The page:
The Dark Side of Nowhere
Author: Neal Shusterman
Published: August 14, 2012
Reviewed By: Kim
Kim’s Rating: 4 stars
Jason is having a bad day. The kind of day when you just don’t feel like yourself. Only for Jason, it’s not just a feeling. He really isn’t himself. Not anymore. Who is he? That’s the problem. Jason isn’t sure. And it’s not just him. Everyone in town is acting weird. His friends. His parents. Everyone. Billington is usually such a normal town. As Jason is about to discover, nothing will ever be normal again…
We love Shusterman here at Jessica’s Reading Room. He hooked us with Scythe and the more I’ve read, the more I love him! While most of his books come in series, he does have some standalones. This is one, and a short one at that. He seems to know exactly the right length for his books. The Toll was nice and big and I didn’t even care, this one is short and concise and I enjoyed it!
I’ll admit that the plot twist was a little obvious. However, I still liked it and the characters fit the story well. I was engaged and I couldn’t wait to see how the story concluded. I didn’t see any loose ends dangling and I was a little surprised that I liked the ending as much as I did.
Overall, I think this is a great book for teens who don’t normally like reading, but want to try it. I thought it was fun and interesting and Shusterman stays upon his high pedestal of excellence!!
Author: Amy A. Bartol
Published: August 1, 2017
Reviewed By: Jessica
Dates Read: April 6-27, 2020
Jessica’s Rating: 3 stars
Firstborns rule society. Secondborns are the property of the government. Thirdborns are not tolerated. Long live the Fates Republic.
On Transition Day, the second child in every family is taken by the government and forced into servitude. Roselle St. Sismode’s eighteenth birthday arrives with harsh realizations: she’s to become a soldier for the Fate of Swords military arm of the Republic during the bloodiest rebellion in history, and her elite firstborn mother is happy to see her go.
Televised since her early childhood, Roselle’s privileged upbringing has earned her the resentment of her secondborn peers. Now her decision to spare an enemy on the battlefield marks her as a traitor to the state.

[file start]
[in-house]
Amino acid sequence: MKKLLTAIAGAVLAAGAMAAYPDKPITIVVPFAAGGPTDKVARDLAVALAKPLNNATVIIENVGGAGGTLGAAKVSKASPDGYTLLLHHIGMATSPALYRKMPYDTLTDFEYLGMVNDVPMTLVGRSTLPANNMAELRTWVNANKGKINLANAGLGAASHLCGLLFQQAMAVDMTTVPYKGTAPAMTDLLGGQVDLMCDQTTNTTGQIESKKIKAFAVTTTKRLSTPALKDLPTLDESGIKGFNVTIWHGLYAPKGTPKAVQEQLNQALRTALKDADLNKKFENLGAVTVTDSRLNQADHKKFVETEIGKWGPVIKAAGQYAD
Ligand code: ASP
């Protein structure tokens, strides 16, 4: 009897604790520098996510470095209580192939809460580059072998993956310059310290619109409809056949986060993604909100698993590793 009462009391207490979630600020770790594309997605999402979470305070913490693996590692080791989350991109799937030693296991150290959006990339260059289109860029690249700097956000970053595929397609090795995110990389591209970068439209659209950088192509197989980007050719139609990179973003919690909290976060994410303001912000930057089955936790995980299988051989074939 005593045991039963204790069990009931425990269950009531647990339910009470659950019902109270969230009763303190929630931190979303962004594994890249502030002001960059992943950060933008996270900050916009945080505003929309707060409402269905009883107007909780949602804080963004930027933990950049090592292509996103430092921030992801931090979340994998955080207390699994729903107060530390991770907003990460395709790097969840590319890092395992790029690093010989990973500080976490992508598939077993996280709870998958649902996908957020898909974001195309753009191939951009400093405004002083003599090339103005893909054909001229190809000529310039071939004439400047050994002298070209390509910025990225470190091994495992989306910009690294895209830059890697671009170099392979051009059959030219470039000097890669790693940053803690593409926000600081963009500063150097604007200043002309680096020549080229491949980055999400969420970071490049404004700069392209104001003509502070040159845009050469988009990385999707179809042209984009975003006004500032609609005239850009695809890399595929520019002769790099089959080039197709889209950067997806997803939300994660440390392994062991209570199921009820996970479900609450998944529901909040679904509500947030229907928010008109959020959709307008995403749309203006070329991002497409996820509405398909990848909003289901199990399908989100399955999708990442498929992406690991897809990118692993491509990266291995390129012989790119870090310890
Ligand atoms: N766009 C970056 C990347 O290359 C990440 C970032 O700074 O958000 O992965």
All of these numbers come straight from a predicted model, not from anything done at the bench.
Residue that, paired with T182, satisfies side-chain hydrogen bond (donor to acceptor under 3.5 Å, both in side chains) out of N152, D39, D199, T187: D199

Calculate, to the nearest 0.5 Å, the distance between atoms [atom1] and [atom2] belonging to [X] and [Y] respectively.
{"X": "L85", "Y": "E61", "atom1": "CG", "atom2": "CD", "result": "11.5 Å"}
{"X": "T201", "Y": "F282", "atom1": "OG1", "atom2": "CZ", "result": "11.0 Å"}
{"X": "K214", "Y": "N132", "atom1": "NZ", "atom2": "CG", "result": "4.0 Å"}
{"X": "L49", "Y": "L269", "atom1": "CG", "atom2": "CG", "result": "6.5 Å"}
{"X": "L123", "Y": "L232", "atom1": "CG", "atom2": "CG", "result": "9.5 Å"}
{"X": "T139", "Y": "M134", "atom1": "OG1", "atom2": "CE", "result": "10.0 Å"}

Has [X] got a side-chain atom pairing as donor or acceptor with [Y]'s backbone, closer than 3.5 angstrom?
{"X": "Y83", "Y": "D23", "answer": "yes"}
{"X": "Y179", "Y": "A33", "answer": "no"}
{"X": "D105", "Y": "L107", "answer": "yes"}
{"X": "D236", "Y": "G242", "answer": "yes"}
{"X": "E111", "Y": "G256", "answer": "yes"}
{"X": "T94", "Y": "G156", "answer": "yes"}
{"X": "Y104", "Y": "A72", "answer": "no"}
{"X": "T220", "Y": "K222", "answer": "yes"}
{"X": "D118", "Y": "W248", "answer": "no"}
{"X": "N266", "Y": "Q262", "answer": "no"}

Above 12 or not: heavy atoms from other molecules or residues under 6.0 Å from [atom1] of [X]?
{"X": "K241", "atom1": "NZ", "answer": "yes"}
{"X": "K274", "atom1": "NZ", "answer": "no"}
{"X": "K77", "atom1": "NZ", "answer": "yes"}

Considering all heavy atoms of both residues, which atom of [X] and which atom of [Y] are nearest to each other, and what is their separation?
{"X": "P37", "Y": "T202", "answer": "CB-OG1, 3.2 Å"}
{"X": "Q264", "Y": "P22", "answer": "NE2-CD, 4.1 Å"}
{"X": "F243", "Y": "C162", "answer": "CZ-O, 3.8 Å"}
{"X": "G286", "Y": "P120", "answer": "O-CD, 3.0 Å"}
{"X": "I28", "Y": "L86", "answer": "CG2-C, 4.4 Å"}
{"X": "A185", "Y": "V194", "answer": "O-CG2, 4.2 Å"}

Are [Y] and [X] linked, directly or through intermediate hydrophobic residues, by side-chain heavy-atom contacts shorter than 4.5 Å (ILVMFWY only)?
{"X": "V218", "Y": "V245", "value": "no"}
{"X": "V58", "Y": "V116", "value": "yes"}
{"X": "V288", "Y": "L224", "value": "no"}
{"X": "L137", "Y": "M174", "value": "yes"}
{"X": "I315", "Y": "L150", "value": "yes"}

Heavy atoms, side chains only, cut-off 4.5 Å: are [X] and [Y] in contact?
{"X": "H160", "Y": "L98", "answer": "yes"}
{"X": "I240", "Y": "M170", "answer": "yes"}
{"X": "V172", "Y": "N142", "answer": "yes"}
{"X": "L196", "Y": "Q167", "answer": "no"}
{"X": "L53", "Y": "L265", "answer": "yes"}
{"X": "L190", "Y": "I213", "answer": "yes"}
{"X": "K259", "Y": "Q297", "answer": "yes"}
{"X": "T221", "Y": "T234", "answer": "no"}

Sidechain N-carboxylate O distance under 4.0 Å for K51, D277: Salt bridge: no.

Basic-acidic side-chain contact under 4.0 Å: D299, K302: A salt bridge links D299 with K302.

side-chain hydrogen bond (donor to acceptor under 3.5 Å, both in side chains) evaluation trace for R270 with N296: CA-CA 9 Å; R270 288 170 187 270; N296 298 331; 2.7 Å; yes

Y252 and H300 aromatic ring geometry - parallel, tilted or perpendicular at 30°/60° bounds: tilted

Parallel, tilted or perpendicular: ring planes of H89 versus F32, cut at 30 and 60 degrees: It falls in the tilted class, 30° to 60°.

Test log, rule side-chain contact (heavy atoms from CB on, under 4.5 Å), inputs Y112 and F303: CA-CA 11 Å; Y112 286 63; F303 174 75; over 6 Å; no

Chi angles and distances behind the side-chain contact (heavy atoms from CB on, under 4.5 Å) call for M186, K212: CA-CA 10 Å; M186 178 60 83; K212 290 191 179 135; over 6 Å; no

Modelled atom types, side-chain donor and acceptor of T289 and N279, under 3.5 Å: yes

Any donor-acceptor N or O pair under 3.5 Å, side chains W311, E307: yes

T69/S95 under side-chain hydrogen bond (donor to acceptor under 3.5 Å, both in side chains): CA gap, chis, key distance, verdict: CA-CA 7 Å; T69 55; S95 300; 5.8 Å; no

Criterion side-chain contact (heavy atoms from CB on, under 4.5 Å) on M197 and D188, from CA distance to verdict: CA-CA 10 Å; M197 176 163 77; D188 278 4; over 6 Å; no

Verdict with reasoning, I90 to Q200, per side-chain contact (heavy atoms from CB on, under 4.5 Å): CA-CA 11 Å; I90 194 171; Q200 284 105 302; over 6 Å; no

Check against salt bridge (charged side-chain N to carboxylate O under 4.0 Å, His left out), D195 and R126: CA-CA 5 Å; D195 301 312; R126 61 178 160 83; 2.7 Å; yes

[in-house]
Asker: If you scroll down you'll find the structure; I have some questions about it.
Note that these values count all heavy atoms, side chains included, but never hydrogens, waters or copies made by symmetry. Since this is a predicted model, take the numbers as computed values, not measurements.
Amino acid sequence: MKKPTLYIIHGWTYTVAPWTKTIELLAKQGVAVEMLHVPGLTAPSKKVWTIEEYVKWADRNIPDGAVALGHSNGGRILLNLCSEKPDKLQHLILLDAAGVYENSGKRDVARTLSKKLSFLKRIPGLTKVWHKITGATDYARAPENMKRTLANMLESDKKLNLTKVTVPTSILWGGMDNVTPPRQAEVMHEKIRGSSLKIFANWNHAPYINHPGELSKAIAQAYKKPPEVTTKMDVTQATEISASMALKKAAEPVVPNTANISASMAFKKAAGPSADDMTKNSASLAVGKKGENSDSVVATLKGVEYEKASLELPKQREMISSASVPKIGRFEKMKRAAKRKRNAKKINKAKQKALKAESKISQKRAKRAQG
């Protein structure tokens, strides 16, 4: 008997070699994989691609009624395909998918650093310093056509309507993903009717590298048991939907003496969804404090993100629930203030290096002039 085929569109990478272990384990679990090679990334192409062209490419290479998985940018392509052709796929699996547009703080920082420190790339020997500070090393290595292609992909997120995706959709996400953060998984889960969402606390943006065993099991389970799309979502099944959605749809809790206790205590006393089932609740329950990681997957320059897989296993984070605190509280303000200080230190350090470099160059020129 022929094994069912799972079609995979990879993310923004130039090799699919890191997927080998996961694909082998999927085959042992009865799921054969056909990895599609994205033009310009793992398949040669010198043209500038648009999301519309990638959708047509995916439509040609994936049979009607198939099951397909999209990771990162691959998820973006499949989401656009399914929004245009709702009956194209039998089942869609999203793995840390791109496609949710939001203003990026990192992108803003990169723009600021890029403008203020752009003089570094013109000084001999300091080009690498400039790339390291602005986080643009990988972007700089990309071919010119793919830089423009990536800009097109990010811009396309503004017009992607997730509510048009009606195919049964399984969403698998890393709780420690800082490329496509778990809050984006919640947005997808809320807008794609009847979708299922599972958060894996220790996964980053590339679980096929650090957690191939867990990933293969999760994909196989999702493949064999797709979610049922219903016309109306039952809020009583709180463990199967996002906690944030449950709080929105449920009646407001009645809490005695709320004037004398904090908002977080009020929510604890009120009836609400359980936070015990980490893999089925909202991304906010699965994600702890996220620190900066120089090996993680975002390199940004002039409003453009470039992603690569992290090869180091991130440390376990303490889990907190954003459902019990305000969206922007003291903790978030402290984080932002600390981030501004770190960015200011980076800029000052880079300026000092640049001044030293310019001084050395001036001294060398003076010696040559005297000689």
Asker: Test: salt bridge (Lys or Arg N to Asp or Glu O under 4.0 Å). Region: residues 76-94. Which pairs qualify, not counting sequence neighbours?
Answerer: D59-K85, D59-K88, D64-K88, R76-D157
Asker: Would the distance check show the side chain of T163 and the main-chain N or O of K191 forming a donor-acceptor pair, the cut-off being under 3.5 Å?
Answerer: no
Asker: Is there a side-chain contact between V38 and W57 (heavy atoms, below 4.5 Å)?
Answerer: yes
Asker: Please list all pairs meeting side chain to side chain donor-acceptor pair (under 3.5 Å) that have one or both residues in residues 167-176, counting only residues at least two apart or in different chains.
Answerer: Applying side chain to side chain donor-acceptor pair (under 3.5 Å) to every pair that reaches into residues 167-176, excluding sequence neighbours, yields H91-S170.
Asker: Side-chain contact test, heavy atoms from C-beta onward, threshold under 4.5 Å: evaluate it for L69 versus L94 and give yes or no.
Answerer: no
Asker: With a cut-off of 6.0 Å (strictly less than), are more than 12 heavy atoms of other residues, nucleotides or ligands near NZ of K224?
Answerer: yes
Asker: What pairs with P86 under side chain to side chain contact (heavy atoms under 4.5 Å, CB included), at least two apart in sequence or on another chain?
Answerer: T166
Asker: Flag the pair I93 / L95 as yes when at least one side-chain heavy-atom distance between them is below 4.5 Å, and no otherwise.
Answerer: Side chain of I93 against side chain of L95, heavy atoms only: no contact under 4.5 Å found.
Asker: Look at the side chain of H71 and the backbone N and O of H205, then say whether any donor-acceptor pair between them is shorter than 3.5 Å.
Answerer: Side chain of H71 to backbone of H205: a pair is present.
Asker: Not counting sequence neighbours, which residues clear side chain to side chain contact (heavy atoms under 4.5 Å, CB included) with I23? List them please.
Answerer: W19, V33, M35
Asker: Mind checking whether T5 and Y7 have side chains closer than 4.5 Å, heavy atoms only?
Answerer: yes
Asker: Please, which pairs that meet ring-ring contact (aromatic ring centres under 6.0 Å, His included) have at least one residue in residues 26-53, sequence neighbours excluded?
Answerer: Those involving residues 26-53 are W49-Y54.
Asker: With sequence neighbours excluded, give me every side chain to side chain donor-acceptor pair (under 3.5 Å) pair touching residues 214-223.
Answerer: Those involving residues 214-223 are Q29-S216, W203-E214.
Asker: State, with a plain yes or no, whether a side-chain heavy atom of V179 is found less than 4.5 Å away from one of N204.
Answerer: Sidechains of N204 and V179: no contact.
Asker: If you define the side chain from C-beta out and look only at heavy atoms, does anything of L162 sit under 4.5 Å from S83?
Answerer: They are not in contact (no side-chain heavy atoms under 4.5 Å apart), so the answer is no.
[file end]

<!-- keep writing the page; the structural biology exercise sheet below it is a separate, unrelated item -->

But Roselle finds an ally—and more—in fellow secondborn conscript Hawthorne Trugrave. As the consequences of her actions ripple throughout the Fates Republic, can Roselle create a destiny of her own? Or will her Fate override everything she fights for—even love?
Secondborn has an interesting concept about birth order and where you fall in society. And you better not have a third child without permission! (Only firstborn’s can have children).Roselle is our protagonist and she is the second born child to a very elite mother, a mother who could care less about Roselle. Roselle even grew up on television and she is well known. But once her 18th birthday hits all life changes for her, she has to become a part of the army.
This is a coming of age story and Roselle’s fight to survive. There is also a love interest thrown in which I could have done without, but it becomes important later in the book and I am sure for the future books of the series.
Secondborn is similar to Divergent with the different sections of society (in Divergent you have a choice) with a female protagonist becoming who she is meant to be with a love story with a hottie thrown in. Ultimately it was just an ok read for me as it did not really add to the YA/Dystopian genre. I’ll stick with the Divergent series which I really enjoyed, despite the unpopular ending that I saw coming and actually enjoyed.[Top]
Today Kim brings you a video review of the illustrated version of The Boy in the Striped Pajamas by John Boyne. She previously reviewed the novel here.
The Boy in the Striped Pajamas
Author: John Boyne
Illustrator: Oliver Jeffers
Published: April 11, 2017
Reviewed By: Kim
Kim’s Rating: 5 stars
The international bestseller that has touched millions of readers around the world is now available in a deluxe illustrated edition, featuring powerful illustrations by acclaimed artist Oliver Jeffers.
Berlin, 1942: When Bruno returns home from school one day, he discovers that his belongings are being packed in crates. His father has received a promotion and the family must move to a new house far, far away, where there is no one to play with and nothing to do. A tall fence stretches as far as the eye can see and cuts him off from the strange people in the distance. But Bruno decides there must be more to this desolate new place than meets the eye. While exploring his new environment, he meets another boy whose life and circumstances are very different from his own, and their meeting results in a friendship that has devastating consequences.
Kim’s Video Review: